All states regulate and control the possession of controlled dangerous substances (CDS), though each differs in its exact definition of CDS and the penalties for their possession. Idaho considers not only well-known drugs like marijuana, heroin, and cocaine to be controlled substances, but also the compounds used to manufacture them.
Some CDS, like the common painkiller oxycodone, can be possessed legally with a valid prescription.
How Idaho Classifies Controlled Dangerous Substances
Idaho divides its CDS into six “schedules” based on factors such as their potential for abuse and dependence, and whether they are approved for legitimate medical use:
- Schedule I drugs (such as opiates and certain opium derivatives and hallucinogenic substances) as those that have a high potential for abuse, no accepted medical use, or are unsafe for use in treatment, even under medical supervision.
- Schedule II drugs (such as coca leaves and opium) have a high potential for abuse, have an accepted medical use, and can result in severe psychological and physical dependence if abused.
- Schedule III drugs (such as codeine and some steroids) have a potential for abuse less than Schedule I or II drugs, have an accepted medical use, and can lead to low or moderate physical dependence and high psychological dependence.
- Schedule IV drugs (such as diazepam) have a lower potential for abuse than Schedule III drugs, have an acceptable medical use, and may lead to limited psychological and physical dependence in relation to Schedule III drugs.
- Schedule V drugs are the least dangerous, with the lowest potential for abuse, a currently accepted medical use, and likely to lead to only limited physical or psychological dependence. Schedule V drugs include medicines that have very small amounts of specified narcotic drugs.
- Schedule VI CDS includes volatile nitrites (commonly known as “poppers”).
To understand the charges and penalties you might face, look at the charging document in your case (usually called either a complaint or “information”, or, if from a grand jury, an indictment). Identify the name of the drugs specified in the document, consult the schedules explained above, and place them in the proper schedule. Then read below to learn about possible charges and sentences. The statutes that explain what drug fits into each schedule are (Idaho Statutes Sections 37-2704 to 37-2713A.)
This article concerns the unlawful possession of CDS. Separate punishments apply to the sale of CDS or for the unlawful manufacture of controlled substances. For information about sale of controlled substances, see Sale of a Controlled Substance in Idaho.
How Idaho Classifies CDS Possession Crimes
The unlawful possession of CDS is punished as either a felony or a misdemeanor. The penalty for each crime is set forth in the statute that describes the offense.
(Idaho Code Section 18-110.)
Felony Possession of CDS
Felony possession of CDS is punished with lengthy periods of incarceration and heavy fines.
Possession of Schedule I narcotics and Schedule II CDS
The unlawful possession of Schedule I narcotics or Schedule II CDS is a felony, punishable by a period of incarceration of up to seven years, a fine of up to $15,000, or both.
Possession of lysergic acid diethylamide (LSD)
The unlawful possession of LSD is a felony punishable by a period of incarceration of up to three years, a fine of up to $5,000, or both.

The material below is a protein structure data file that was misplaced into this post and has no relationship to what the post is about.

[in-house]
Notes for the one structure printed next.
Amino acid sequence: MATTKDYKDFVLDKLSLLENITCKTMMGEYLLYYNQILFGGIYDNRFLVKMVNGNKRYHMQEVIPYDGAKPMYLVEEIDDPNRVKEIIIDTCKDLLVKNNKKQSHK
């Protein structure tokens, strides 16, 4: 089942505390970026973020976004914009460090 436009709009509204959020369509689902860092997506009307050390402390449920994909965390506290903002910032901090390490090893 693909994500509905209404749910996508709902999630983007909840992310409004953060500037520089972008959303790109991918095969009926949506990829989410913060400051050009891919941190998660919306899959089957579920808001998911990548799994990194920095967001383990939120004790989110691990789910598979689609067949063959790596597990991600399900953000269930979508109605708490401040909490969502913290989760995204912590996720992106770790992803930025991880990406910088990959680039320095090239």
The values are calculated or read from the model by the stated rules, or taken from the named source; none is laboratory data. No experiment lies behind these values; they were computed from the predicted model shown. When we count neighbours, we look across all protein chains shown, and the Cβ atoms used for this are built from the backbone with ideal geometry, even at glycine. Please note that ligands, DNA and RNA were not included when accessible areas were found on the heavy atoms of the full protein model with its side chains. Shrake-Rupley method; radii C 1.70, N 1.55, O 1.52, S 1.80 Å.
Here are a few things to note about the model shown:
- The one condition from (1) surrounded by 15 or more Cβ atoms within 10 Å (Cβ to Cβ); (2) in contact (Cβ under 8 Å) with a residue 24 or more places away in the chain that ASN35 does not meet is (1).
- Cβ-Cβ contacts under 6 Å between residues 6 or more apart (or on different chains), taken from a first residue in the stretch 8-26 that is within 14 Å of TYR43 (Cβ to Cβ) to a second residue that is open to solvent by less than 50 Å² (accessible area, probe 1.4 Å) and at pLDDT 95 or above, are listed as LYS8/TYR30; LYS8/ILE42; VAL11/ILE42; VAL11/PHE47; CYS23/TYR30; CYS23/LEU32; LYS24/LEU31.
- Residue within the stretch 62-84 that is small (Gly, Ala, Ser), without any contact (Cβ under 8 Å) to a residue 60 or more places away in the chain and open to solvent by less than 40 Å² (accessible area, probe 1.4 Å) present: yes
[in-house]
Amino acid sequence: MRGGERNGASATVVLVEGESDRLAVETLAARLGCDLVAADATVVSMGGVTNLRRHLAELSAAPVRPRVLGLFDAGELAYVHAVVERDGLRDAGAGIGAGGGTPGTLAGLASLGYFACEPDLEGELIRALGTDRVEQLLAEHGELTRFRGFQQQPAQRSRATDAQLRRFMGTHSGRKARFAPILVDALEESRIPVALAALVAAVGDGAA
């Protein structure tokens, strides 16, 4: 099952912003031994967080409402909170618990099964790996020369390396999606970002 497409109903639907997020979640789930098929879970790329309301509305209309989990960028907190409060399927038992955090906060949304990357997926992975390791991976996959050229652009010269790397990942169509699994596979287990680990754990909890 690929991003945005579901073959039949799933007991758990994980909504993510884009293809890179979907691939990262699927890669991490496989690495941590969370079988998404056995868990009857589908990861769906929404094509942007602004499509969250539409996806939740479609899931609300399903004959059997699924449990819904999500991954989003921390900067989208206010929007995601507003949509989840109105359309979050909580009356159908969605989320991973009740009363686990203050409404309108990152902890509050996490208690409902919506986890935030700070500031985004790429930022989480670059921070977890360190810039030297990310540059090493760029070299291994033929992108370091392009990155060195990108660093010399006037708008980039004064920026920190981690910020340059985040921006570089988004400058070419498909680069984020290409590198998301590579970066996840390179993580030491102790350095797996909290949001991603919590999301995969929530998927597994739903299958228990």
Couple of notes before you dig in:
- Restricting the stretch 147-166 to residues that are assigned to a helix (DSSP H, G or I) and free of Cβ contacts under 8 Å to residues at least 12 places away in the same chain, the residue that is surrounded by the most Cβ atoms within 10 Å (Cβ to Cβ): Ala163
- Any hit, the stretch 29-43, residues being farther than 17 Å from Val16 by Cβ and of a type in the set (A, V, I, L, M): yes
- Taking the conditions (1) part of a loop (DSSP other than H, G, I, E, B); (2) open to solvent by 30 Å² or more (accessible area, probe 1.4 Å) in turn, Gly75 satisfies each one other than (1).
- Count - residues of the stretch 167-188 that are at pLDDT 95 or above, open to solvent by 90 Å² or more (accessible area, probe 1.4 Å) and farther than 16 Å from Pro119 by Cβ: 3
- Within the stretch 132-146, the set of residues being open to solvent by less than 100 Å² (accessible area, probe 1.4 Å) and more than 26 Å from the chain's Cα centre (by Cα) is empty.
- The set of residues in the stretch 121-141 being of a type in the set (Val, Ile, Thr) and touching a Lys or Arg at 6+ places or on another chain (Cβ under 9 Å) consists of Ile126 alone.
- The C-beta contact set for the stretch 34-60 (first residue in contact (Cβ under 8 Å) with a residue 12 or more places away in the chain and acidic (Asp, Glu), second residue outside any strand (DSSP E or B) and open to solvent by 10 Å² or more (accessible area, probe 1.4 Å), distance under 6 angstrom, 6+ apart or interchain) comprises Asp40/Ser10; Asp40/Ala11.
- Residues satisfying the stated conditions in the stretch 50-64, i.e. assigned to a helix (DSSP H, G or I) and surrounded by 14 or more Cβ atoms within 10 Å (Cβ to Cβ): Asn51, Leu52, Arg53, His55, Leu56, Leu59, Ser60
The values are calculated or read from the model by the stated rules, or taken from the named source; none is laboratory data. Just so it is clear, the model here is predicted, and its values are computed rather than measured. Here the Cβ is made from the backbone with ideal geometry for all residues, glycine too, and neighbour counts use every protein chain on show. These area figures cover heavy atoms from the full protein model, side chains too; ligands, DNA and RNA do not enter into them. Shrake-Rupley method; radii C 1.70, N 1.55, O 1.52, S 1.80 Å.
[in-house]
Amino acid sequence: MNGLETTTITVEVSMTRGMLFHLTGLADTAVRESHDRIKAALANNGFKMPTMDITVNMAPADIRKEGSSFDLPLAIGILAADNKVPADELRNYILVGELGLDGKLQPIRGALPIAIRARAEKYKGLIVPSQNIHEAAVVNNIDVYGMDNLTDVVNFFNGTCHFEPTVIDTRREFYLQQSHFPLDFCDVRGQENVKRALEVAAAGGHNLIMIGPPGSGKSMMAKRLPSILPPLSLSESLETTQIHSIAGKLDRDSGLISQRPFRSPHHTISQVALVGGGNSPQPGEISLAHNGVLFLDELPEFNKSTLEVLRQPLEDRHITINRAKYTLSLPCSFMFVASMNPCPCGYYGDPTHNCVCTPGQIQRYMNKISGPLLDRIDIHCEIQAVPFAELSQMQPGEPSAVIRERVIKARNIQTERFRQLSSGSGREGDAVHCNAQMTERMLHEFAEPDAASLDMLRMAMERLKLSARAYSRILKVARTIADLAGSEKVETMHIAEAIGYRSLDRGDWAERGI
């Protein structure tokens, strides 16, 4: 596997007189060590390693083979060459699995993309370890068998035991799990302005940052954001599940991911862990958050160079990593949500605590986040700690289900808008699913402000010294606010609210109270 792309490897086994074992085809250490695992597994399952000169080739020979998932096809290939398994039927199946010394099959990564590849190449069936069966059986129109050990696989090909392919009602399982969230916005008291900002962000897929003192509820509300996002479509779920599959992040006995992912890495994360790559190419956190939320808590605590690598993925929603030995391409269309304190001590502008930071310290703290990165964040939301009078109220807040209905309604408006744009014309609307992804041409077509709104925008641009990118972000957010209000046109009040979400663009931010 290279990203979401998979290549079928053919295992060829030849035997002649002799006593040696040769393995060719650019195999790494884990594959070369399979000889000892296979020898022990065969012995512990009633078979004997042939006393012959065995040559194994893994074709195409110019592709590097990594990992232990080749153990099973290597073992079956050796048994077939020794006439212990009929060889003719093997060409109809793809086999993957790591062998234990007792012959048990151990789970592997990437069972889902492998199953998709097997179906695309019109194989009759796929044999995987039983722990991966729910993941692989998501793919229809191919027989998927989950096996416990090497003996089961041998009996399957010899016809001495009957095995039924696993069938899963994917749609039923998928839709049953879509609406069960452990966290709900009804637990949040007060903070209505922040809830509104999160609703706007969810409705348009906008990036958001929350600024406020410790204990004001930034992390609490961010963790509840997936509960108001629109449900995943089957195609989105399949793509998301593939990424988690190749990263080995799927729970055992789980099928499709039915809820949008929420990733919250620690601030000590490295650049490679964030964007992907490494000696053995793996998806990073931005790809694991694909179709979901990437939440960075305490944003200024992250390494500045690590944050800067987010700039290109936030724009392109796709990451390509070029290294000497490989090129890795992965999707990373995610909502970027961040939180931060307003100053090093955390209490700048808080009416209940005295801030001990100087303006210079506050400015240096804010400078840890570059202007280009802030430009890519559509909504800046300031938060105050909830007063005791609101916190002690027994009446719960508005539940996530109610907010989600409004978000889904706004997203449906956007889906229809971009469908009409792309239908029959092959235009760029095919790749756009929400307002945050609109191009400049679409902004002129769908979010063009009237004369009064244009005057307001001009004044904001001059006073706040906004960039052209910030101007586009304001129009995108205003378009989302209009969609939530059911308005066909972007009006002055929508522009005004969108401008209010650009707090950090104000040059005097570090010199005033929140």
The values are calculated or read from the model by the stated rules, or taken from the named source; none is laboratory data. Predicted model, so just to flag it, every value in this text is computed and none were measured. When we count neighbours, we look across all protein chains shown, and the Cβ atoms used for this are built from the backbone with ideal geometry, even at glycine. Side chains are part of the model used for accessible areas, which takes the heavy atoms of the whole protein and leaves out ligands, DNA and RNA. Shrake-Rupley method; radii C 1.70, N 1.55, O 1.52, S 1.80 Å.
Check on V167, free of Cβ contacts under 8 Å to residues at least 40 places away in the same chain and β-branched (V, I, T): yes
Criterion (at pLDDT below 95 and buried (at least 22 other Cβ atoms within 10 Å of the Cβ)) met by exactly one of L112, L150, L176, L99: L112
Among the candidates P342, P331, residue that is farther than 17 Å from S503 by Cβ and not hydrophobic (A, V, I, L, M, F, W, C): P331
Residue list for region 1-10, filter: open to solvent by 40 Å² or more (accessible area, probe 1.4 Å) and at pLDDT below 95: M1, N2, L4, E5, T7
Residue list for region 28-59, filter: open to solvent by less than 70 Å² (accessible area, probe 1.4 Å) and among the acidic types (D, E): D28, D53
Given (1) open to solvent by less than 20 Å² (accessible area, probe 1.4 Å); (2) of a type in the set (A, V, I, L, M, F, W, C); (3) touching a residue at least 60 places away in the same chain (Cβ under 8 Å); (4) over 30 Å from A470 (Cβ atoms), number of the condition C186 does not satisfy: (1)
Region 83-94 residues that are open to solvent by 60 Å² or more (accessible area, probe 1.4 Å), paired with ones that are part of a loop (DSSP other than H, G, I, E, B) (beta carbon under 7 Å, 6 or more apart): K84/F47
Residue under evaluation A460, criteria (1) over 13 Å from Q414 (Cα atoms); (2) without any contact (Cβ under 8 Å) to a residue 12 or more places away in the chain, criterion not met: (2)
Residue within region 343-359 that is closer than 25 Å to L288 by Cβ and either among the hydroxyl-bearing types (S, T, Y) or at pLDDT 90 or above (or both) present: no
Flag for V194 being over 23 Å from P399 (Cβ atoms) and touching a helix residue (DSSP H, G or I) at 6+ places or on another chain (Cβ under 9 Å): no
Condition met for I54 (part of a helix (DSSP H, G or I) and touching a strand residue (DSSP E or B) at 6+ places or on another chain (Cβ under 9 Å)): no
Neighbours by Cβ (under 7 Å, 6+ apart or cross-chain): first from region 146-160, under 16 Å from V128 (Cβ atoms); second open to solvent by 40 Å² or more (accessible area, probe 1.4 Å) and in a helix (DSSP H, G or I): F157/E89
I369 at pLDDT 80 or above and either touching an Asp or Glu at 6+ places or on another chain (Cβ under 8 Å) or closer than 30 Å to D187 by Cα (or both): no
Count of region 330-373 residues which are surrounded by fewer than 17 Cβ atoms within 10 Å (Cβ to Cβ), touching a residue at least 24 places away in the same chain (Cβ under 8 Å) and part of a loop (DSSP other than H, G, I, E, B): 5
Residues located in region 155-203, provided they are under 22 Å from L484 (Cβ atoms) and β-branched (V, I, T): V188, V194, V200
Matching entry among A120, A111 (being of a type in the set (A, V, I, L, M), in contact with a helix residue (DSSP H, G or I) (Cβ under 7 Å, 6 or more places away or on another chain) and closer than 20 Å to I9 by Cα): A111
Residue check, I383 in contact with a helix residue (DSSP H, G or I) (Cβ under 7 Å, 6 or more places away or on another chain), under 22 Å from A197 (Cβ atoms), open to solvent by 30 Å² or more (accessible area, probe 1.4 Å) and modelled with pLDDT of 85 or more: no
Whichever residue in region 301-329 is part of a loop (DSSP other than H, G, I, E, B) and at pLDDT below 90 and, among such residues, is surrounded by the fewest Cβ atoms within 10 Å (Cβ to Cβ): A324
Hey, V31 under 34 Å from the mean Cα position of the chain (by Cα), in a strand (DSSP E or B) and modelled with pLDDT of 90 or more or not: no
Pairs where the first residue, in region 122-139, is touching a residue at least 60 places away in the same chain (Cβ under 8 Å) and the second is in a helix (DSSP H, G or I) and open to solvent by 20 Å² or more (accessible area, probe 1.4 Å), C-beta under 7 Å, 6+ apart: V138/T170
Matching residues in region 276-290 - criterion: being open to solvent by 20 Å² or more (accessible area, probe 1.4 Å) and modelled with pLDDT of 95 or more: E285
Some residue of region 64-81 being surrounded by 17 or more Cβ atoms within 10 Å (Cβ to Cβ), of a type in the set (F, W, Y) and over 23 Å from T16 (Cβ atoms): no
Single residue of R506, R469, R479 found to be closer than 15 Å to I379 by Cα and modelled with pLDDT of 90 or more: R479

(Idaho Code Section 37-2732.)
Possession of Marijuana
The possession of more than three ounces of marijuana is a felony, punishable by a period of incarceration of up to five years, a fine of up to $10,000, or both.
For more information see Marijuana Possession Laws in Idaho.
Misdemeanor Possession of CDS
Misdemeanor crimes are less serious than felonies and are punished with significantly shorter periods of incarceration and smaller fines.
Possession of Schedule I (other than narcotics and LSD), III, IV, V, and VI CDS
The possession of Schedules I (other than narcotics and LSD), III, IV, V, or VI CDS is a misdemeanor punishable by a period of incarceration of up to one year, a fine of up to $1,000, or both.
(Idaho Code Section 37-2732.)
The use of peyote is permissible in Native American religious rites by people who are members of a federally recognized Native American tribe.
(Idaho Code Section 37-2732A.)
The use of, or possession with the intent to use, paraphernalia for any of the following purposes is a misdemeanor punishable by a period of incarceration of up to one year, a fine of $1,000, or both:
- to grow, plant, cultivate or harvest CDS
- to compounds, convert, prepare, or process CDS
- to pack, repack, store or contain CDS
- to test or analyze CDS
- to contain, hide, or conceal CDS, or
- to ingest, inhale, inject, or administer CDS.
(Idaho Code Section 37-2734A.)
Felonies Committed in a Correctional Facility
If a felony is committed on the grounds of a correctional facility, the sentence for the offense will begin after all other sentences have been completed.
(Idaho Code Section 19-2520F.)
If a defendant is convicted of any felony for a third time, either in Idaho or outside the state of Idaho, the sentence on the third conviction is a period of incarceration of five years to life.
(Idaho Code Section 19-2514.)
Talk To An Attorney
If you have been charged with the unlawful possession of CDS, you face the possibility of lengthy periods of incarceration, steep fines, and other life-long consequences. To make sure that you understand the crime you have been charged with, the possible penalties, and your options, you should speak to an experienced criminal defense attorney who specializes in drug cases.